Depending on what your job requires, the therapist will include exercises to improve your ability to perform these tasks. Some of the tasks may include the following:
- Pushing and pulling
- Lifting and carrying
- Overhead reaching
- Climbing ladders or stairs
How can I get started?
Contact either our Foothill Ranch Physical Therapy or Lake Forest Physical Therapy locations. Our staff can schedule an appointment for you and determine if a doctor’s prescription is required.Read More
Benefits of Pre and Post-surgical Physical Rehab
Pre and post surgical rehab is often recommended for those having orthopedic surgery. These types of surgeries could include foot, ankle, knee, hip, wrist, hand, shoulder, neck, and spine surgeries. Rehab can, however, be beneficial for just about any type of surgical procedure. A physical therapist at OC Sports and Rehab can put together both a pre and post-surgical rehabilitation plan for an individual preparing for surgery. The following are several important benefits of having pre and post-surgical rehab.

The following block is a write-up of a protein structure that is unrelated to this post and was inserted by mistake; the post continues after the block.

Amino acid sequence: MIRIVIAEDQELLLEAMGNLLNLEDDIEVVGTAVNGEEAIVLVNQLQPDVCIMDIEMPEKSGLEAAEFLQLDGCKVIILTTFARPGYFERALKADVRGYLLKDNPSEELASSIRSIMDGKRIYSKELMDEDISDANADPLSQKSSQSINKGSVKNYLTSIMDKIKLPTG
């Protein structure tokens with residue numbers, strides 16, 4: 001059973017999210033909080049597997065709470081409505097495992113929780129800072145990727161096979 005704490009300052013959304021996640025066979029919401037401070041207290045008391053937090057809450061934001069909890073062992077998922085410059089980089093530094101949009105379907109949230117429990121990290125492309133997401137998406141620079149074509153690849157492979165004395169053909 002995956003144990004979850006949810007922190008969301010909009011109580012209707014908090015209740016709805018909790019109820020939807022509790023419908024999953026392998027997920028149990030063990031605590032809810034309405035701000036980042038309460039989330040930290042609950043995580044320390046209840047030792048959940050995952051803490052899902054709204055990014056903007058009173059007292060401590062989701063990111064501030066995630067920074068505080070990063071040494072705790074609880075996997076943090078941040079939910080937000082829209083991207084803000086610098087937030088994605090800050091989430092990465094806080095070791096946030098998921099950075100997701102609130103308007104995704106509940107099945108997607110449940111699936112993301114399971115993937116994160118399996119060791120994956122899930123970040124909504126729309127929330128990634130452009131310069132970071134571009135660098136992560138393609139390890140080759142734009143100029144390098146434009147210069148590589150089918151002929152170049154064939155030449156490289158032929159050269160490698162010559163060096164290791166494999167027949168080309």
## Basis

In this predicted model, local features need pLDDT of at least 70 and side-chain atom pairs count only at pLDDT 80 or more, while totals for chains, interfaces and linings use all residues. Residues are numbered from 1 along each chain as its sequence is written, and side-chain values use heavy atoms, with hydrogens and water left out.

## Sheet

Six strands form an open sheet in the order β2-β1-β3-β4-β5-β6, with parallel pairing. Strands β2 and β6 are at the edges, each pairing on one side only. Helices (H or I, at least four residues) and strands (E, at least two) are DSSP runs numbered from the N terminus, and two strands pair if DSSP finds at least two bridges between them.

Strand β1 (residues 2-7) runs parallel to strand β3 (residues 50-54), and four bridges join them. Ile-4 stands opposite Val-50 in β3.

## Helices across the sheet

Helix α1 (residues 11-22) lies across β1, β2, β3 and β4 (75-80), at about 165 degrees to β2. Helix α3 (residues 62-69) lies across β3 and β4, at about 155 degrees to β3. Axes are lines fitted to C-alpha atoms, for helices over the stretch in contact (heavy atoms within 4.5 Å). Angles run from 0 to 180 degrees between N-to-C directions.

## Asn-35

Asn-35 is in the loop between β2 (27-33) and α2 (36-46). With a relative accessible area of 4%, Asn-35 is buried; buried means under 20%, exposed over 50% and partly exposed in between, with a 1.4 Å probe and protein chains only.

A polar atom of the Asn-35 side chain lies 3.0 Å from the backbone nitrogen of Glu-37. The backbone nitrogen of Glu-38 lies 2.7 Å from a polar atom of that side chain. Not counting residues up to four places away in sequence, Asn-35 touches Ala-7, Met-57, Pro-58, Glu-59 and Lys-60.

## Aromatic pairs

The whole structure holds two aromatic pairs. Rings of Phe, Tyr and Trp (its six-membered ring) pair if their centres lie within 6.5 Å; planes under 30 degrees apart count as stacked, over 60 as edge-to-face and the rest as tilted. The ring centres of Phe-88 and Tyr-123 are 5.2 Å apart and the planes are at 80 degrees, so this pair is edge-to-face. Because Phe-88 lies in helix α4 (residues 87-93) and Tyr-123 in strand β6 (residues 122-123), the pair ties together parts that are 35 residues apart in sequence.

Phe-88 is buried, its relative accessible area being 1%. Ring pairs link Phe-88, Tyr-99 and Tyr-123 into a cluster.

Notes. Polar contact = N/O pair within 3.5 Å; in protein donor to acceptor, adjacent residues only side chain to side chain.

Benefits of Pre-Surgical Rehab
This is often called prehabilitation, and it helps an individual prepare physically and mentally for a surgical procedure. There are several benefits of going to rehab before your surgery.
- Faster Recovery– Learning the exercises you’ll need to do before surgery trains your muscles in advance. This will make post-surgical rehab easier and more effective.
- Fewer Complications– The weaker and frailer an individual is, the more likely it is that the person will experience complications such as infection after a surgical procedure. Prehab can increase strength and immunity prior to surgery.
- Less Anxiety– Patients that have undergone some sort of prehab are often less prone to anxiety or stress prior to the surgery. Starting a process of physical activity that improves strength, endurance, and flexibility can improve overall confidence that the procedure will be successful.